Like most things in Sheringham its done with a certain amateurish and enthusiastic gusto, that is endearing. It has to be said, that it brings people together in a shared experience, those who turn up, obviously love it, so this provides its own justification, I suppose. No one bothers to question why a 1940's weekend anymore, if they ever did. Its something the town just does, because ,bizarrely, it does work. Though we can't be the only ones who've avoided town for those two days. However, if we do end up opening a cafe here, I guess we'll just have to create our own way to join in with this.

By Monday morning the forties paraphernalia will start being packed up and consigned to someone's loft or garden shed again, Then Sheringham will return to normal, and move rapidly forward in time to somewhere after the oil crisis of 1973.

Friday, September 15, 2017

PHOTO ~ Shabby Sheringham - Empty Shop

This is the condition of the window in an empty shop in Wyndham St, Sheringham, that once upon a time used to mend watches and cut keys etc.

Monday, September 11, 2017

PHOTO ~ Shabby Sheringham ~ The Burlington Hotel

Though it only recently closed its doors, The Burlington Hotel has been a sad shadow of its former  grand self for years. Its window sills and bricks are seriously eroded and the pointing between them is so fast disappearing, that its a bit of a structural concern.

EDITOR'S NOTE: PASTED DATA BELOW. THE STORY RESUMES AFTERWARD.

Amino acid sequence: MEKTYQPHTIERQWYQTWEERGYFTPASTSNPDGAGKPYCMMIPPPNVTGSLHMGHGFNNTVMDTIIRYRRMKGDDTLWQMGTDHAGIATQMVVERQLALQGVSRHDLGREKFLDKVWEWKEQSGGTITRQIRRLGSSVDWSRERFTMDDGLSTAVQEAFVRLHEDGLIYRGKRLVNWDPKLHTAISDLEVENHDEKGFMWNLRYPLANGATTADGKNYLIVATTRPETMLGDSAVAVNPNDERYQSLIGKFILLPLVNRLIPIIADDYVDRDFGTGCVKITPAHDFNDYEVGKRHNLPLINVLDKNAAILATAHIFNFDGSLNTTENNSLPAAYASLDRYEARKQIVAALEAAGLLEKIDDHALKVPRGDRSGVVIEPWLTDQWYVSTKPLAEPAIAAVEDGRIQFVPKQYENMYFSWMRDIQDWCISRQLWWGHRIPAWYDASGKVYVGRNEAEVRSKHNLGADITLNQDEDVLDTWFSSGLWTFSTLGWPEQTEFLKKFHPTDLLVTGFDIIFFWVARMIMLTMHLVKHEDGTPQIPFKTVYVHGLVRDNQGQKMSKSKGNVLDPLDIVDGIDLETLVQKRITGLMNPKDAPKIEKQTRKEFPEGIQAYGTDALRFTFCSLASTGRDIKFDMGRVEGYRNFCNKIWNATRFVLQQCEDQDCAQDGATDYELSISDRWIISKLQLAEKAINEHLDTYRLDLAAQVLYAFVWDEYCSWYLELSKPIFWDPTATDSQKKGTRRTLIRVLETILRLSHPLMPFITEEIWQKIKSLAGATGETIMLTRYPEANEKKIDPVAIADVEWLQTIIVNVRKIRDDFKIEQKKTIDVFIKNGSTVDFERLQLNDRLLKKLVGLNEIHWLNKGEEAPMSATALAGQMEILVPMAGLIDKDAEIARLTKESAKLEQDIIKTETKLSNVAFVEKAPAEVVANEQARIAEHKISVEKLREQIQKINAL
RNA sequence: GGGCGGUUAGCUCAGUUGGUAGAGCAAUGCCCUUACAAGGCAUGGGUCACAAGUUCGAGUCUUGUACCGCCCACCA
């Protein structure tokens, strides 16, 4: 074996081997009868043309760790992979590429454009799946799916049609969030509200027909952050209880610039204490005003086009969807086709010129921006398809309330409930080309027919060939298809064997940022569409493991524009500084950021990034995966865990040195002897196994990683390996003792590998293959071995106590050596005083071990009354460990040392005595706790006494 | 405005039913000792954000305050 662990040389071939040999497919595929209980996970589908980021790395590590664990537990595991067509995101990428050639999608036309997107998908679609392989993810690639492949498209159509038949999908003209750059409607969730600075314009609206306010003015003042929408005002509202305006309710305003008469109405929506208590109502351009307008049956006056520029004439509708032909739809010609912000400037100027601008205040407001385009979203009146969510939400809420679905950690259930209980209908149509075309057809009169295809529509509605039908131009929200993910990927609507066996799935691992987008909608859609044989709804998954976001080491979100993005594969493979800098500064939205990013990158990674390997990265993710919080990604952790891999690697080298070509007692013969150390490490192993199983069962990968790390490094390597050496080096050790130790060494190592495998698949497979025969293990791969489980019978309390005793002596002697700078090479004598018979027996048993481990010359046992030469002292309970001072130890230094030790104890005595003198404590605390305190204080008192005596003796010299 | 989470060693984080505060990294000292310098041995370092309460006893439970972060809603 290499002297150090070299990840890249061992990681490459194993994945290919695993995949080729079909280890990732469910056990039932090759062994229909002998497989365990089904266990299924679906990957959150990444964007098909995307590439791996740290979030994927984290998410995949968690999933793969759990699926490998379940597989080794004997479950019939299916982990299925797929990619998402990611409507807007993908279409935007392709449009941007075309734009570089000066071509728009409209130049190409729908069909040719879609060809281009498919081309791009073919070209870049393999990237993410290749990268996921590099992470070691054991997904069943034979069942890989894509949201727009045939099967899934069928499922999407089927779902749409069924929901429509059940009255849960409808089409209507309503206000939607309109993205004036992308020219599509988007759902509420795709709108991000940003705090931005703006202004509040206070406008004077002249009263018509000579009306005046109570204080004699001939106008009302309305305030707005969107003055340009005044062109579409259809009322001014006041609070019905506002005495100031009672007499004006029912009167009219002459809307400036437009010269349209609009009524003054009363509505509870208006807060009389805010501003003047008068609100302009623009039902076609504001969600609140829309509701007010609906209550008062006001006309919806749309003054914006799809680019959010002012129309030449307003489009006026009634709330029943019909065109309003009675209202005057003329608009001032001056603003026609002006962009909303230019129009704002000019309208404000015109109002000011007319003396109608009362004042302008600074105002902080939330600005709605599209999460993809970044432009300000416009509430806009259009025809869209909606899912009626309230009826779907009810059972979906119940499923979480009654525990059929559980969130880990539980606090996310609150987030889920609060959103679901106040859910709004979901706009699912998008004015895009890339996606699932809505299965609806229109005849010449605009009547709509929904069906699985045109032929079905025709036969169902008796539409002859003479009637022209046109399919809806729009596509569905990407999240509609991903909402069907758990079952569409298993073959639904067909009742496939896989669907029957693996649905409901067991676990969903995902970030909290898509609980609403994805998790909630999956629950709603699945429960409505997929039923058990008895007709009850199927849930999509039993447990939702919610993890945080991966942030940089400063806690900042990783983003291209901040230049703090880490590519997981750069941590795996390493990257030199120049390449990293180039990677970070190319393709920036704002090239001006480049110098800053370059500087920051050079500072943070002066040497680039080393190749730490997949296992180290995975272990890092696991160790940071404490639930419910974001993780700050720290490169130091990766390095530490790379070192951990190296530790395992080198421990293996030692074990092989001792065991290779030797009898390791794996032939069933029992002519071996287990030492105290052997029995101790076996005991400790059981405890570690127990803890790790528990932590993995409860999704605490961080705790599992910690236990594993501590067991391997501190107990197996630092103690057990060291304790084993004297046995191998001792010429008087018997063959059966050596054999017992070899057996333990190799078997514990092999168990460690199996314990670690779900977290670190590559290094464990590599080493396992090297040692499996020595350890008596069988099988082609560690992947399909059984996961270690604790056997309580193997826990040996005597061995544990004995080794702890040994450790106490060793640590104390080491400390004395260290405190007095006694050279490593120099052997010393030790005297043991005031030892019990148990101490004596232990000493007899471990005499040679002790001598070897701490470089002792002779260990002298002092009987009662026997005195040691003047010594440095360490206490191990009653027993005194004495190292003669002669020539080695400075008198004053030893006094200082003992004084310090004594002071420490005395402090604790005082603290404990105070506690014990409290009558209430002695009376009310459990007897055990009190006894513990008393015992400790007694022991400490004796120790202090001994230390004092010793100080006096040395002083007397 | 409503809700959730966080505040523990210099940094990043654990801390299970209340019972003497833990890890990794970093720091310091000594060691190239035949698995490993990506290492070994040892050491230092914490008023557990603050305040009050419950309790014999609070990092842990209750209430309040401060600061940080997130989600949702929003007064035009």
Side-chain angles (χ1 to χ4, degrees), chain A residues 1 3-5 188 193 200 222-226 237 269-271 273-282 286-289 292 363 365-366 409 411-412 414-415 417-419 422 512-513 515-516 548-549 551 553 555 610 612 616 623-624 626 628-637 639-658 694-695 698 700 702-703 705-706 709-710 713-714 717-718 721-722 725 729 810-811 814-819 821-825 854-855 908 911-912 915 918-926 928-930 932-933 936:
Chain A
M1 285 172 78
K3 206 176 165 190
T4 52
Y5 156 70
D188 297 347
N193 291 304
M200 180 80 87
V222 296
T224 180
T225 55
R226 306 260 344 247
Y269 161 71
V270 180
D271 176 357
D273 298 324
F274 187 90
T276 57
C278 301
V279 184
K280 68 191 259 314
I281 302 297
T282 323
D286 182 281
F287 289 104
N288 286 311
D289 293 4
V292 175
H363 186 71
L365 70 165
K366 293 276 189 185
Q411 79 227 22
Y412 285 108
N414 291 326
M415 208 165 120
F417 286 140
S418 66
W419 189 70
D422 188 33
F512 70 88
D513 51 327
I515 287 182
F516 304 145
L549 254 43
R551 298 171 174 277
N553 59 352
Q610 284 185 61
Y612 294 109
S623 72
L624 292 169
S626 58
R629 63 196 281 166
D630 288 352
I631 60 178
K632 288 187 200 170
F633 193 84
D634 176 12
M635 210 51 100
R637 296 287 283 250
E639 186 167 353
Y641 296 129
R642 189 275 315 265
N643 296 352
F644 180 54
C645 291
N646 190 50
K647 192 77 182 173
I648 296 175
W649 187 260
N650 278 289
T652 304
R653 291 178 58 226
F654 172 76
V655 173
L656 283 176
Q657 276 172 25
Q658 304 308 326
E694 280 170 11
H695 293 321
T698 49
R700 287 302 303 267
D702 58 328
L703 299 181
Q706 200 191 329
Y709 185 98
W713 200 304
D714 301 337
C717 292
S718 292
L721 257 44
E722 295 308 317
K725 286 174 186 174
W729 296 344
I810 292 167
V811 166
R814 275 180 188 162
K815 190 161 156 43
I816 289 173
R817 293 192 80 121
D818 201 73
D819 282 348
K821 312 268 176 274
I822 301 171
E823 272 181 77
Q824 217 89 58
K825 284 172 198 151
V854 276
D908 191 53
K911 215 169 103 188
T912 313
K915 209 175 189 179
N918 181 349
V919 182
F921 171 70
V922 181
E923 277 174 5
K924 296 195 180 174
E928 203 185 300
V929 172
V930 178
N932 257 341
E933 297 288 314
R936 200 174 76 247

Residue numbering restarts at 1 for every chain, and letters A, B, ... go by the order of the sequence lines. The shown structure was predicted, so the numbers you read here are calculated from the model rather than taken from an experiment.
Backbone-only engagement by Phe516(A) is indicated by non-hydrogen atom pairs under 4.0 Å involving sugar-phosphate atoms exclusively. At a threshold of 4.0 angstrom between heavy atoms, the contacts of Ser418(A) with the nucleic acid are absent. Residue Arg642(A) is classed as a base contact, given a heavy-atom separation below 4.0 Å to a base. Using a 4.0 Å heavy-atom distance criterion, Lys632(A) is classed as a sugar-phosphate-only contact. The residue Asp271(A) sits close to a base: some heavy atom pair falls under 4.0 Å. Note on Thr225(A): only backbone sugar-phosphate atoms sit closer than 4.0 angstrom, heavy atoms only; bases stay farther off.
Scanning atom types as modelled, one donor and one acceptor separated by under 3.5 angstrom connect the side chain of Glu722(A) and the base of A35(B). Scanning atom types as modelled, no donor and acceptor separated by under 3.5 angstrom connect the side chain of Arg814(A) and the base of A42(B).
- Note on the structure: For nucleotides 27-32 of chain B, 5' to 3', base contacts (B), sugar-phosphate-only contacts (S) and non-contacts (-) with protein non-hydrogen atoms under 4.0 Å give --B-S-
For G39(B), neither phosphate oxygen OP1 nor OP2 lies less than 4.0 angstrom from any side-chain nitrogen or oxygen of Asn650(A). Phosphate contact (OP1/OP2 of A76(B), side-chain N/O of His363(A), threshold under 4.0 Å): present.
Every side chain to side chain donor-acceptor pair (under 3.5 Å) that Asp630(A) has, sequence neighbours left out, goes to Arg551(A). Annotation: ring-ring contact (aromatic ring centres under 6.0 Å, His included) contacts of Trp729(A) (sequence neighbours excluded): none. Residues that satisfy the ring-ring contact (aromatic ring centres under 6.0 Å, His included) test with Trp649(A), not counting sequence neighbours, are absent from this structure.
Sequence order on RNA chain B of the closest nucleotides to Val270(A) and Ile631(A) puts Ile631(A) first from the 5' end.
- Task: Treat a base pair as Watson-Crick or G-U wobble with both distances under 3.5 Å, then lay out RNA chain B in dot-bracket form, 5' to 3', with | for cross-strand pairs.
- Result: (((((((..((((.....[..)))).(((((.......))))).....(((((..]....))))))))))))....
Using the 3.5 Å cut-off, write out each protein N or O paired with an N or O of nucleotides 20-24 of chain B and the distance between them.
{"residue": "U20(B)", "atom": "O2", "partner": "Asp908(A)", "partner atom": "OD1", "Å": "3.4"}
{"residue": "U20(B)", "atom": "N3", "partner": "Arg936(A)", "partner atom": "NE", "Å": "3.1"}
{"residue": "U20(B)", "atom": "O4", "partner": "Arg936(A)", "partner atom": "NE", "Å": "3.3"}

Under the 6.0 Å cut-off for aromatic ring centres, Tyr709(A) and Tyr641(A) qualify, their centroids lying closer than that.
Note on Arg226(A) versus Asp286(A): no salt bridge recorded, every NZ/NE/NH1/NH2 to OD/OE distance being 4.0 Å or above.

It has planning permission to be converted into flats, though the amount of making sound of the exterior structure might be off putting to investors. But then the only other options will be further deterioration until its condemned. I'm all for preserving buildings whenever possible, but I can't see what they are planning ever happening. I'd love to be proved wrong.


Saturday, September 09, 2017

ARTICLE ~ Heaven in the Lyrics of Ron Mael..

Part Two ~ Gabriel plays it, God how he plays it.

In Part One we looked at Ron Mael's quirky views on the sexual dynamic between men and women.
I thought I'd take a closer look at the theme of God and Heaven. with the release of Hippopotamus we have a new song to add to the growing lexicon of Ron Mael songs that poke gentle fun at the divinity or highlight the more prosaic aspects of having to live in heaven. The history of Sparks songs featuring the godly realms has a broken, but quite distinguished, lineage.